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  1.  1
    Will Postmortal Catholics Have “The Right to Die”?Anna Bugajska - 2019 - Forum Philosophicum: International Journal for Philosophy 24 (2):397-433.
    The article discusses the transhumanist and Catholic perspectives on death and immortality within the speculation on the rise of a postmortal society, and asks the question if Catholics have the right to reject immortalist technologies. To address this problem, I first outline the ideas and technology leading to the rise of a postmortal society, and accept Richard K. Morgan’s Altered Carbon as a counterfactual scenario. Further, the naturalistic and Catholic understandings of death are compared, and it is shown that despite (...)
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  2.  1
    Intelligence, Artificial and Otherwise.Paul Dumouchel - 2019 - Forum Philosophicum: International Journal for Philosophy 24 (2):241-258.
    The idea of artificial intelligence implies the existence of a form of intelligence that is “natural,” or at least not artificial. The problem is that intelligence, whether “natural” or “artificial,” is not well defined: it is hard to say what, exactly, is or constitutes intelligence. This difficulty makes it impossible to measure human intelligence against artificial intelligence on a unique scale. It does not, however, prevent us from comparing them; rather, it changes the sense and meaning of such comparisons. Comparing (...)
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  3.  4
    Transhumanism, Posthumanism, and the Catholic Church.Alcibiades Malapi-Nelson - 2019 - Forum Philosophicum: International Journal for Philosophy 24 (2):369-396.
    In this essay, I engage the foreseeable consequences for the future of humanity triggered by Emerging Technologies and their underpinning philosophy, transhumanism. The transhumanist stance is compared with the default view currently held in many academic institutions of higher education: posthumanism. It is maintained that the transhumanist view is less inimical to the fostering of human dignity than the posthuman one. After this is established, I suggest that the Catholic Church may find an ally in a transhumanist ethos in a (...)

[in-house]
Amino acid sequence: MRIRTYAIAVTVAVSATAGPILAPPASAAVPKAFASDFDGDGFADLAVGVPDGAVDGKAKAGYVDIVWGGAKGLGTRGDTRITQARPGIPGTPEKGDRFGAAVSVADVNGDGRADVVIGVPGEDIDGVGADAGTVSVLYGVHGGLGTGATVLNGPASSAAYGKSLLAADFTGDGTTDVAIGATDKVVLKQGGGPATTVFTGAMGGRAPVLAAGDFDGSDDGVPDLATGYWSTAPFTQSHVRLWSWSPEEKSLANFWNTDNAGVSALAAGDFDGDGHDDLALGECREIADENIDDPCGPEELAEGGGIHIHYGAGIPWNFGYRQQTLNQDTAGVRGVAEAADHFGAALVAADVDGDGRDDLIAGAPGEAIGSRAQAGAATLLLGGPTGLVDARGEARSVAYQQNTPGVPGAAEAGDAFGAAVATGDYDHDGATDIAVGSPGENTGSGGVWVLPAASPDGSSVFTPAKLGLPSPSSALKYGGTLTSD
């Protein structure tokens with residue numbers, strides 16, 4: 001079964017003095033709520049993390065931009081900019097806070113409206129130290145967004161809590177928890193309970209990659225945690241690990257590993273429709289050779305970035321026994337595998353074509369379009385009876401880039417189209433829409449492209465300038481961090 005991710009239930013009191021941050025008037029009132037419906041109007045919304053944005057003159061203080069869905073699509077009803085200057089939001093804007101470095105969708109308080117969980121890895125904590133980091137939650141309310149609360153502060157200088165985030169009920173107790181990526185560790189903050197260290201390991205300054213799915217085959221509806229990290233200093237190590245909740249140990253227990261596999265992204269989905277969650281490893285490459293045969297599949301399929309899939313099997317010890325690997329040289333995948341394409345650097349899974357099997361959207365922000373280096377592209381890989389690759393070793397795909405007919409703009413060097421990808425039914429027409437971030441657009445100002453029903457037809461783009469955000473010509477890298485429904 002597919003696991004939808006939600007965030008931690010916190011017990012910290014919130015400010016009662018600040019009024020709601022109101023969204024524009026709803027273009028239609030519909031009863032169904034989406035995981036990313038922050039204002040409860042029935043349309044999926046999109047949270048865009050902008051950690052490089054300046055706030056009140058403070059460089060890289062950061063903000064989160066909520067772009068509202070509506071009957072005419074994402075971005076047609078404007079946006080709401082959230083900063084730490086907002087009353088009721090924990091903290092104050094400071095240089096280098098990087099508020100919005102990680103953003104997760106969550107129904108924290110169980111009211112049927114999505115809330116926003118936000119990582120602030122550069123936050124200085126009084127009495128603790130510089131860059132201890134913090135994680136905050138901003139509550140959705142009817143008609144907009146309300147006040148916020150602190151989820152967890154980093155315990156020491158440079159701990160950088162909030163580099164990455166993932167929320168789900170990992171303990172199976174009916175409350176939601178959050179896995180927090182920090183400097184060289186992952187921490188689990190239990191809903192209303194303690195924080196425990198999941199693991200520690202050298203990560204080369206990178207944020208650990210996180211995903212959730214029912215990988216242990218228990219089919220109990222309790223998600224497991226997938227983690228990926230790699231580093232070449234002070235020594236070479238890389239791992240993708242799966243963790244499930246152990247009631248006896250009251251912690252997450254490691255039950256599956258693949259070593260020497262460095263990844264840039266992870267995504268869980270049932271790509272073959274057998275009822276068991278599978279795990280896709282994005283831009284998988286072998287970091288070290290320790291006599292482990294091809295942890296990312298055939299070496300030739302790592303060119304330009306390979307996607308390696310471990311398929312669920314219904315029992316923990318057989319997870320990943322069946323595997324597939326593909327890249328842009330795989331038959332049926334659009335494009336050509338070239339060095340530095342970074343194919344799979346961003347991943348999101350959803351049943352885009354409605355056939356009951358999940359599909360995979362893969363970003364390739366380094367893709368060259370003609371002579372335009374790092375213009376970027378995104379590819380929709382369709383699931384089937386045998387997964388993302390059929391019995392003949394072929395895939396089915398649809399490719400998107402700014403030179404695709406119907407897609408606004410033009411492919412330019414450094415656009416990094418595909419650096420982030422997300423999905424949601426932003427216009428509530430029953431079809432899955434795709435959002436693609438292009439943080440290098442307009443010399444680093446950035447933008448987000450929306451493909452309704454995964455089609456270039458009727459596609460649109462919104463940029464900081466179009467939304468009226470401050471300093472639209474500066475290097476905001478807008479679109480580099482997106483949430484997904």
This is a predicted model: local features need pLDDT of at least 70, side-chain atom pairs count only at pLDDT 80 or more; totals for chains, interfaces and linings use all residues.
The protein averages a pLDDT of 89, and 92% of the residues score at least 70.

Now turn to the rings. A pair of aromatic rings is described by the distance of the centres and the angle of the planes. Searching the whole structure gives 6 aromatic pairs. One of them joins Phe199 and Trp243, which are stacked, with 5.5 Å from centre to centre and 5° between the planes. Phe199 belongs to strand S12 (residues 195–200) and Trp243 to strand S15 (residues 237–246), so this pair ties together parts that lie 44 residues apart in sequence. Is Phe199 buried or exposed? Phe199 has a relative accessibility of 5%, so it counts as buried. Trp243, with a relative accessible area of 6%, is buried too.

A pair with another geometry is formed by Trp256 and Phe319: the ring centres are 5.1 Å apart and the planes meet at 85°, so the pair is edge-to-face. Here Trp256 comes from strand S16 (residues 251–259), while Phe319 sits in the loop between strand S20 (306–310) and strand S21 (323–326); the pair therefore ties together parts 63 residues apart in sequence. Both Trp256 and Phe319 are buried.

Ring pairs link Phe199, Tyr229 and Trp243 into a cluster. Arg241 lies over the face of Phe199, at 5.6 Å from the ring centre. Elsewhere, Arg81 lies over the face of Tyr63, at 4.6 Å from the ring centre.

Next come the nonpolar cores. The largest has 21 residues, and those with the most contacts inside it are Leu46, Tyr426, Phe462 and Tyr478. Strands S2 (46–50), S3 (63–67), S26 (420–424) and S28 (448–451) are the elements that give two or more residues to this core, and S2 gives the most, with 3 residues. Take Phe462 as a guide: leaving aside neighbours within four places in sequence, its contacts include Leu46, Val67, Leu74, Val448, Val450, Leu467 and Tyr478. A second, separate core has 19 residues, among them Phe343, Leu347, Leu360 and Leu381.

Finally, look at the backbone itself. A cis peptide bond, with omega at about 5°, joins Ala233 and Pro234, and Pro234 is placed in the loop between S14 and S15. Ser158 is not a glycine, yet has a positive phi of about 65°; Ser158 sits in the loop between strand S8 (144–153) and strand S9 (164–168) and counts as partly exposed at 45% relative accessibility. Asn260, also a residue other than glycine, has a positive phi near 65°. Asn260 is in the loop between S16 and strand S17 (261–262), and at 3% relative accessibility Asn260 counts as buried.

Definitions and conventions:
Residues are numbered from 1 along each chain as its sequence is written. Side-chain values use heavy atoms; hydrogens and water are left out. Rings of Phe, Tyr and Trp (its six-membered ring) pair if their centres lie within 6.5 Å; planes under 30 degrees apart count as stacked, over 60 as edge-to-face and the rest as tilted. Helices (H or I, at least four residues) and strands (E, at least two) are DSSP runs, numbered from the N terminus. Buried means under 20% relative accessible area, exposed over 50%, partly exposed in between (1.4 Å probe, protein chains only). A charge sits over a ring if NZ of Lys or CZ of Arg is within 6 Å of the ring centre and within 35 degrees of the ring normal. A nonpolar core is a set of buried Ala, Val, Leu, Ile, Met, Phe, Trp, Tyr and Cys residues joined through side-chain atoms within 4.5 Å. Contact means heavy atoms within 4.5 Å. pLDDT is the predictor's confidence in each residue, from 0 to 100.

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  4.  3
    Why Technoscience Cannot Reproduce Human Desire According to Lacanian Thomism.Graham McAleer & Christopher M. Wojtulewicz - 2019 - Forum Philosophicum: International Journal for Philosophy 24 (2):279-300.
    Being born into a family structure—being born of a mother—is key to being human. It is, for Jacques Lacan, essential to the formation of human desire. It is also part of the structure of analogy in the Thomistic thought of Erich Przywara. AI may well increase exponentially in sophistication, and even achieve human-like qualities; but it will only ever form an imaginary mirroring of genuine human persons—an imitation that is in fact morbid and dehumanising. Taking Lacan and Przywara at a (...)
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  5. Anna Bugajska. Engineering Youth: The Evantropian Project in Young Adult Dystopias. [REVIEW]Lucas E. Misseri - 2019 - Forum Philosophicum: International Journal for Philosophy 24 (2):457-464.
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  6. A Rapture of the Nerds?Roberto Paura - 2019 - Forum Philosophicum: International Journal for Philosophy 24 (2):343-367.
    Transhumanism is one of the main “ideologies of the future” that has emerged in recent decades. Its program for the enhancement of the human species during this century pursues the ultimate goal of immortality, through the creation of human brain emulations. Therefore, transhumanism offers its followers an explicit eschatology, a vision of the ultimate future of our civilization that in some cases coincides with the ultimate future of the universe, as in Frank Tipler’s Omega Point theory. The essay aims to (...)
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  7.  2
    Artificial Intelligence Versus Agape Love.Ted Peters - 2019 - Forum Philosophicum: International Journal for Philosophy 24 (2):259-278.